Noel Ruiz hopes road to NFL still runs through Georgia State

It almost was providential that Noel Ruiz ended up kicking for Georgia State.

The FCS All-American from little North Carolina A&T had been on vacation in March and stopped by Georgia State for an unofficial visit on the way home. It was the second day of spring practice, and the soon-to-be graduate transfer got a tour of the facilities as part of his whirlwind tour.

Days later, spring practice was canceled because of COVID-19, and Ruiz had some thinking to do. He had played in the annual Celebration Bowl in Atlanta, so he was familiar with the city. He had enjoyed an encouraging visit with Georgia State coach Shawn Elliott. Plus, Atlanta was close enough for his parents to attend the games from their home in Wilson, N.C., a town about 40 miles east of Raleigh.

But the decision wasn’t solidified until after he considered the success of Georgia State products Wil Lutz, the current kicker for the New Orleans Saints, and Brandon Wright, who is currently on the practice squad with the Los Angeles Rams. The path to professional football was at Georgia State’s Center Parc Stadium.

“Wil and Brandon played a part of me coming here,” Ruiz said. “The (NFL) scouts seem to know that Georgia State produces specialists, and I hope to be the next guy to follow that lead. … It made me realize I didn’t have to go to a big Power 5 school.”

Despite having interest from Nebraska, Boise State and Temple, Ruiz signed with the Panthers.

The result has been a good marriage for both parties. Ruiz has solidified the position, making 11 of 14 field-goal tries and 30 of 31 extra-point attempts en route to earning first-team All-Sun Belt honors. He leads the conference in scoring (7.9 points per game) and field-goal percentage. He ranks sixth among active FBS kickers with 313 points, fifth with 169 career extra points and 14th with 48 career field goals.

“He was a pleasant surprise,” Elliott said. “We knew he was good because he’d done so well. He’s been steadfast and has a very calming demeanor.”

Elliott’s aggressive nature makes him reluctant to settle for a field goal – a fact that Ruiz knew before he arrived.

“I did my own research and saw he didn’t try many attempts, but at the last school I had a similar situation,” Ruiz said. “When I got his trust, he knew he was going to get three points. If I keep going, I’ll get that confidence from coach Elliott. If we’d played 12 games, I probably would have got 20 attempts.”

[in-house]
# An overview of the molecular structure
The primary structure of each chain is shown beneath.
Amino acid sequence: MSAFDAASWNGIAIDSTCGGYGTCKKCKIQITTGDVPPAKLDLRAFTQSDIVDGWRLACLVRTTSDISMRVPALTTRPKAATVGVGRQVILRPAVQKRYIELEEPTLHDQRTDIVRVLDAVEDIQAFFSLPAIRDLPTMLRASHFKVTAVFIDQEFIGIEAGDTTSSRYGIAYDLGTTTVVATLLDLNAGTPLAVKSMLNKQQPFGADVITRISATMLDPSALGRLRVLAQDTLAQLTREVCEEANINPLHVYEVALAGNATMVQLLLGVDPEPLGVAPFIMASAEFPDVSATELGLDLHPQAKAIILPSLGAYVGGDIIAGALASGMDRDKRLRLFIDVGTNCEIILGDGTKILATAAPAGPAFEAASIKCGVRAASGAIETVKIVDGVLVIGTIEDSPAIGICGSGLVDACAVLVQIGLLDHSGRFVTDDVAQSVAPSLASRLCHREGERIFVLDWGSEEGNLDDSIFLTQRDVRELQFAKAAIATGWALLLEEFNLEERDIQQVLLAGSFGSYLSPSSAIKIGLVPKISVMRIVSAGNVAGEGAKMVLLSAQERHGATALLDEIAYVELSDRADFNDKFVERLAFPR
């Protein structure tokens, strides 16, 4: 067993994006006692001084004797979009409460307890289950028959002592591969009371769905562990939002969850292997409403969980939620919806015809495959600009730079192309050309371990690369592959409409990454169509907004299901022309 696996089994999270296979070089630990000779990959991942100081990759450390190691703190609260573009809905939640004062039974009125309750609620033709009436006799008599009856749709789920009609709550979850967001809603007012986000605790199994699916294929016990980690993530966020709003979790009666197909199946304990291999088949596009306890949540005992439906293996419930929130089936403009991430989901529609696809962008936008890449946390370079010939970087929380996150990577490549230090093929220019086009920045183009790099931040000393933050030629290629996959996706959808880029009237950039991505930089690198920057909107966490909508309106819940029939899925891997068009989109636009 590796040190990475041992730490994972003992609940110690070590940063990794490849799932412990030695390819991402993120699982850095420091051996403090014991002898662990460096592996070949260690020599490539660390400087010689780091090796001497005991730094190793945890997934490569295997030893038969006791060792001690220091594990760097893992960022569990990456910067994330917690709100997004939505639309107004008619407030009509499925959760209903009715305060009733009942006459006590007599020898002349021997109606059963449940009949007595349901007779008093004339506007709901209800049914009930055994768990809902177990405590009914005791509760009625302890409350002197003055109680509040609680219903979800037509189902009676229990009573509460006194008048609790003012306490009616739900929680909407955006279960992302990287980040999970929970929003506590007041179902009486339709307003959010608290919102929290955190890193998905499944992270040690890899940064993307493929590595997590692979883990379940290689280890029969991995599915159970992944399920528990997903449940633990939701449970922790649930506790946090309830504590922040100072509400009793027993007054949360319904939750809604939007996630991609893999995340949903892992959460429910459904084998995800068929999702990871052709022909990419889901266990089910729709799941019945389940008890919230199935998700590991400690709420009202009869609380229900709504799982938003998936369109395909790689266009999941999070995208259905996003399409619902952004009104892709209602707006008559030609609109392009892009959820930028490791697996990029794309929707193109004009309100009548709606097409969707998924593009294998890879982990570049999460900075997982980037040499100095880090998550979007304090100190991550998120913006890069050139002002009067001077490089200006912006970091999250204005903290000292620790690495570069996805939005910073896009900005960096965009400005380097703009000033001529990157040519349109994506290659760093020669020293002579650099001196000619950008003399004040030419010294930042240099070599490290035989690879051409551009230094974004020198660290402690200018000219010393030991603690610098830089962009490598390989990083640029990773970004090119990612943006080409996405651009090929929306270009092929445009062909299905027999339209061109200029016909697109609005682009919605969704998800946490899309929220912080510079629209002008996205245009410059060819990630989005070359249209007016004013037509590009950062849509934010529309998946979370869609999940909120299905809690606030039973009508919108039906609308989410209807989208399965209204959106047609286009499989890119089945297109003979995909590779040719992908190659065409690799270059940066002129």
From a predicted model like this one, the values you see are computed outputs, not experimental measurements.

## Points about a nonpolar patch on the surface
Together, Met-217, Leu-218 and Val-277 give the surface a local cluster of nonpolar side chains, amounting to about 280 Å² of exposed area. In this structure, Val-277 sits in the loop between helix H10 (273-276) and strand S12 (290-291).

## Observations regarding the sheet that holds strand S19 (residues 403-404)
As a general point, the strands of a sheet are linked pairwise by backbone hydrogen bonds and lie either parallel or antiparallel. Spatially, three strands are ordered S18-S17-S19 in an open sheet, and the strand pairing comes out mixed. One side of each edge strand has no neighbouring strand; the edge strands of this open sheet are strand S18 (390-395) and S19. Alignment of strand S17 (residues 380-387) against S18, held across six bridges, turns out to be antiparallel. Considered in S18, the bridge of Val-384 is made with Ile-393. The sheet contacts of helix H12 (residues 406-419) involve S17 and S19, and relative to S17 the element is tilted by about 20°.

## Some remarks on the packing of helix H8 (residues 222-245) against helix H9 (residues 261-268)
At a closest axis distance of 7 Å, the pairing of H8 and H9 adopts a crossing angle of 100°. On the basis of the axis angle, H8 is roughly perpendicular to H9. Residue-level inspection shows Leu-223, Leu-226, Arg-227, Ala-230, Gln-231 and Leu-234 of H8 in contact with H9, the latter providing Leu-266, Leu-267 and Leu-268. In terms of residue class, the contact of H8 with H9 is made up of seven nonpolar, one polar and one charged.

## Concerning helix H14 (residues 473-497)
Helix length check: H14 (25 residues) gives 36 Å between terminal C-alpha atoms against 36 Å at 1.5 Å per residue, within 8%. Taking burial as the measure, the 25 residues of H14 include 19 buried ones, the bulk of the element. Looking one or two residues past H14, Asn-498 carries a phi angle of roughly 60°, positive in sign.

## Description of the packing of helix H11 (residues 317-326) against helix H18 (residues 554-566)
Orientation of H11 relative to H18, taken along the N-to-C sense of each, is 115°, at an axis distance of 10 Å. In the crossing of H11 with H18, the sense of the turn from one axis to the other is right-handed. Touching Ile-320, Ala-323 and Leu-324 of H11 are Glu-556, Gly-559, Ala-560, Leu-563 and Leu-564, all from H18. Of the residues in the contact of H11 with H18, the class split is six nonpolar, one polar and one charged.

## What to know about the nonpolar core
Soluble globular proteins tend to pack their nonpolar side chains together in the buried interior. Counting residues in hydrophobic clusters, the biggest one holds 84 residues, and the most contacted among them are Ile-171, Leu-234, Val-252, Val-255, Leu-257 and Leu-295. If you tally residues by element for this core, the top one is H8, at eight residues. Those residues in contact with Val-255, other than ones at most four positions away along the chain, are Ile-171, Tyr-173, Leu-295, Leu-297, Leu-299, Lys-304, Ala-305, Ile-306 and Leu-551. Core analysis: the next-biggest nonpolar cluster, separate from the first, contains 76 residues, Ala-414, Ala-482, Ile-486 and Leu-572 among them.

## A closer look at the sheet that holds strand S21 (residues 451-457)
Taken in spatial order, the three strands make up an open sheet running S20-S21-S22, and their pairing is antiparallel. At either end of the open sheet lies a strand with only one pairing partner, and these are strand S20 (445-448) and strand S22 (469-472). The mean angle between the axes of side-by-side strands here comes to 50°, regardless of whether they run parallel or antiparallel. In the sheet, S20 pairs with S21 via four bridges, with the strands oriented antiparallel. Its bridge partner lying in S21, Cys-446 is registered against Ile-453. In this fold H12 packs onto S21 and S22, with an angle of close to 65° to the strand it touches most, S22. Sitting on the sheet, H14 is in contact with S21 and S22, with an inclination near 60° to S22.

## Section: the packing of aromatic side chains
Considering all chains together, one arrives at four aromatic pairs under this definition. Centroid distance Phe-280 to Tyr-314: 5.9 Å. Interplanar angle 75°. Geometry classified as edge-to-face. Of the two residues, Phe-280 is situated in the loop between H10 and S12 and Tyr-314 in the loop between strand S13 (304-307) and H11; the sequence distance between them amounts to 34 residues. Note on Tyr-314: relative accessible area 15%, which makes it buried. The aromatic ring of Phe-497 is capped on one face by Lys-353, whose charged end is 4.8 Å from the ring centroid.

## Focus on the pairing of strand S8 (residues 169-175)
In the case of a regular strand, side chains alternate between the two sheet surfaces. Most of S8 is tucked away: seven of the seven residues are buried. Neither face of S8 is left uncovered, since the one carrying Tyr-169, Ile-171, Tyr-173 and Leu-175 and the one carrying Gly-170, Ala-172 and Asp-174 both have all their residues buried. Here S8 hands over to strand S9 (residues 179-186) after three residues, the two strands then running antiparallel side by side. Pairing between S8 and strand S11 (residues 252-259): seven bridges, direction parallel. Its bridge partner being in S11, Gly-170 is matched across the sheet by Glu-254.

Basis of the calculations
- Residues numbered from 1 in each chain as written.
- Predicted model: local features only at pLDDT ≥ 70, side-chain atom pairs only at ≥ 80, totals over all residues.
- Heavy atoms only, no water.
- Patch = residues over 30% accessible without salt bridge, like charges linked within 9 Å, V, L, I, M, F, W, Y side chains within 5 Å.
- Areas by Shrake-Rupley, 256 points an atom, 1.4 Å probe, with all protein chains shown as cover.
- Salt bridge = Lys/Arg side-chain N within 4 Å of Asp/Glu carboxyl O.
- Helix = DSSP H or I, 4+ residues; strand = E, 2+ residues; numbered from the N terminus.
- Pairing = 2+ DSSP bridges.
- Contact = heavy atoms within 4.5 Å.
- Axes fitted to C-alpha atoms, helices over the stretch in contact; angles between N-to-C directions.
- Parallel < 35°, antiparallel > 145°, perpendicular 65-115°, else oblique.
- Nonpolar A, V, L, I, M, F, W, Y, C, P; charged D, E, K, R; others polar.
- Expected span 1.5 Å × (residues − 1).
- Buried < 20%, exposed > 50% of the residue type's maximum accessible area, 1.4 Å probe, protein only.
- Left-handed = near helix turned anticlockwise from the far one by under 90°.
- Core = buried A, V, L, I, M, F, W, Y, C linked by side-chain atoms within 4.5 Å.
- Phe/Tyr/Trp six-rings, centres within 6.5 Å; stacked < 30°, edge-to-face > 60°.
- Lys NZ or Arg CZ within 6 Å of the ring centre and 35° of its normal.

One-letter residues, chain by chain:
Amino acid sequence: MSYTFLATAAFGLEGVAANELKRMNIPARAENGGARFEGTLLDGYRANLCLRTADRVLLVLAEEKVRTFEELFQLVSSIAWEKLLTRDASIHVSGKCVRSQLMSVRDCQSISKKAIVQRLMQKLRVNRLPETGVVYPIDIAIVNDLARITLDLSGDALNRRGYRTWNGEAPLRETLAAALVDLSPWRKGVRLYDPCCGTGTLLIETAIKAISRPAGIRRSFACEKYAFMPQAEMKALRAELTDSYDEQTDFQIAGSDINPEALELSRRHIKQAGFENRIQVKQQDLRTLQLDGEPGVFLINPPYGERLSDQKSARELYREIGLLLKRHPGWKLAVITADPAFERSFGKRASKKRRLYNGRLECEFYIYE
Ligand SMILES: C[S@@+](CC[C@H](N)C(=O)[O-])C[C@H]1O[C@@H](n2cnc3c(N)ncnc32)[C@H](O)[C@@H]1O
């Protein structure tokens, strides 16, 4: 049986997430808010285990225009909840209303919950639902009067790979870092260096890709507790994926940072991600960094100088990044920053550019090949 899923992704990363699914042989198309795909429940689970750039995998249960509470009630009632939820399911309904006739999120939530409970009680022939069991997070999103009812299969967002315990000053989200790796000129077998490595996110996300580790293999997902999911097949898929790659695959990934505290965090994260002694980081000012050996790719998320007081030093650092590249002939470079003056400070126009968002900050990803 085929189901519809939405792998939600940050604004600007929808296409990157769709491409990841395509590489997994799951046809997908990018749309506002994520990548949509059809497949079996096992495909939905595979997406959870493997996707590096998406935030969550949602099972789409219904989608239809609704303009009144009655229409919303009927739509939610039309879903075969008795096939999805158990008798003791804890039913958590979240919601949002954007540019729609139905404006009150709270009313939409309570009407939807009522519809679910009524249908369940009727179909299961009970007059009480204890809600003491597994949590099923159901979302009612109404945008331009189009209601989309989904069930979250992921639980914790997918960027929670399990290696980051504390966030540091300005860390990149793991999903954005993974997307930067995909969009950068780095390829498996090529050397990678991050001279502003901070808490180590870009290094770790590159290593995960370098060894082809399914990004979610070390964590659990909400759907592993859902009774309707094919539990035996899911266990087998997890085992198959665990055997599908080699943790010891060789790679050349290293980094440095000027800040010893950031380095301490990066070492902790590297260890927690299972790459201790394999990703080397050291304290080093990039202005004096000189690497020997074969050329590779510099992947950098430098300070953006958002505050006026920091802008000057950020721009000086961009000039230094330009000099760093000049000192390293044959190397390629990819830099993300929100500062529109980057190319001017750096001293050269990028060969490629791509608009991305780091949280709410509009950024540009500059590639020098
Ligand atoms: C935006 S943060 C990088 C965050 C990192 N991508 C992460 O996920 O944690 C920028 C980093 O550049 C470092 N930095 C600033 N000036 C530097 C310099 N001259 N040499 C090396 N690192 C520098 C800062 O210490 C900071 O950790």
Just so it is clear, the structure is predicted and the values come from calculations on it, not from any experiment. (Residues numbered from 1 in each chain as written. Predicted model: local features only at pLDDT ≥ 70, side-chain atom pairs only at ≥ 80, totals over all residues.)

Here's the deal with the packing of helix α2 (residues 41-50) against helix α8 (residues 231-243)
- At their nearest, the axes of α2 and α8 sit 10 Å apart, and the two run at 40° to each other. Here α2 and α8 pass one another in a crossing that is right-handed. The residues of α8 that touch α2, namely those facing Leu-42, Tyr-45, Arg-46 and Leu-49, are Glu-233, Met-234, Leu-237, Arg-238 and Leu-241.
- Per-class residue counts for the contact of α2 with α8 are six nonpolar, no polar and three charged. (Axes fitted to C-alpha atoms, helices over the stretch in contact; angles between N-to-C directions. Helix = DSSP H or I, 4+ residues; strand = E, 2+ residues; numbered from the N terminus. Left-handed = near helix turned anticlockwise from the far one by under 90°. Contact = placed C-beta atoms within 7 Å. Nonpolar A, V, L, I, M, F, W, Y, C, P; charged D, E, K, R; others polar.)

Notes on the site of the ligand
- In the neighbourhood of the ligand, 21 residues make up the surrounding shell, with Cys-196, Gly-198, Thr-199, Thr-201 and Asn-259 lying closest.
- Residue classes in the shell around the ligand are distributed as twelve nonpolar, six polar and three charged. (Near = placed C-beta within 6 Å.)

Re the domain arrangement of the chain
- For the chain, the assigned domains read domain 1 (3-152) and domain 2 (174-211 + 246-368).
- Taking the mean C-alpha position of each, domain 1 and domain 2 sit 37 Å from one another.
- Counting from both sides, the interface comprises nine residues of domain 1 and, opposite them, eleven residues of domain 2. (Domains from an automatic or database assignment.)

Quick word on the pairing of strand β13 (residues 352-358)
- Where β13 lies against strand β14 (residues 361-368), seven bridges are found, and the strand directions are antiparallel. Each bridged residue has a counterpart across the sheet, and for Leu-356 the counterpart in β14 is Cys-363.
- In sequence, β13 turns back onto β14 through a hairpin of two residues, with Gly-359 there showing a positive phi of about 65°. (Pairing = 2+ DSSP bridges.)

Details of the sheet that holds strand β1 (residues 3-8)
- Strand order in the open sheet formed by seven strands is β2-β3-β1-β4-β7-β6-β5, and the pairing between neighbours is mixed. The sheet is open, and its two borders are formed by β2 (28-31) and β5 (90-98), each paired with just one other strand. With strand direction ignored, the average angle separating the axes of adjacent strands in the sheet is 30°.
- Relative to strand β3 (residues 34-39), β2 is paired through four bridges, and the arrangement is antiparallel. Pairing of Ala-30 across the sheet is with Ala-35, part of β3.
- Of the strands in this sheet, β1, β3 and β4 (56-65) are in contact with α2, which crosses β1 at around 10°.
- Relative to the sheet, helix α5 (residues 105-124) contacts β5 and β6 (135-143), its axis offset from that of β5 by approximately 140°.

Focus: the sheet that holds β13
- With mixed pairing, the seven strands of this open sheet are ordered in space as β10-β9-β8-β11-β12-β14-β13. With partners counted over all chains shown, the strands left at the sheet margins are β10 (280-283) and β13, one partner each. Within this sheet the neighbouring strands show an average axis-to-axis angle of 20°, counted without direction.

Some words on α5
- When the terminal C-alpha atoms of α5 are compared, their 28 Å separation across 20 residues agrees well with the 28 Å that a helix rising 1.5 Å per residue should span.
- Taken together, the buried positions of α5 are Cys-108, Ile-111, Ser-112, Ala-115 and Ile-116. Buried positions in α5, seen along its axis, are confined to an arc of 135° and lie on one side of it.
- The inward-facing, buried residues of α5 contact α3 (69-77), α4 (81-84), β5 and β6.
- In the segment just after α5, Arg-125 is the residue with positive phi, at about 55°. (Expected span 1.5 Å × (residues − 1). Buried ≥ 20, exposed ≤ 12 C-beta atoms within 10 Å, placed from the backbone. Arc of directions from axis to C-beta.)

He sees his current range at 55 yards. He made a 52-yarder at N.C. A&T in 2019. His longest attempt for Georgia State was a 53-yarder at Troy that had plenty of leg but was off target – “I mis-hit it,” he said. His longest field goal of the season went for 46 yards against Troy.

“In practice, 53 yards is the farthest I’ve gone out,” he said. “It depends on the weather, whether it’s windy or cold, how the ball is flying that day. By next year I hope to be comfortable from 50 yards on.”

Ruiz didn’t start kicking until middle school and got serious about it when he was a junior in high school, when the varsity kicker left.

“I always had a strong leg, I just didn’t know what I was doing,” he said. “I’d just kick it as hard as I could. I realized if I took time to practice, it would take me places. From that point I’ve been full-on kicking and have a chance to climb myself up.”

Ruiz has decided to return for another season, which will give the NFL scouts more opportunities to watch him in practice and give him more attempts during games. He wants to continue to strengthen his leg and improve his performances on kickoffs, where only eight of his 43 kicks went for touchbacks and three went out of bounds.

There’s a personal goal, too. He wants to win the Lou Groza Award, given annually to the nation’s best kicker.

“I’m blessed to get an extra year,” he said. “I’m going to keep doing my job and make it work to the best of my ability.”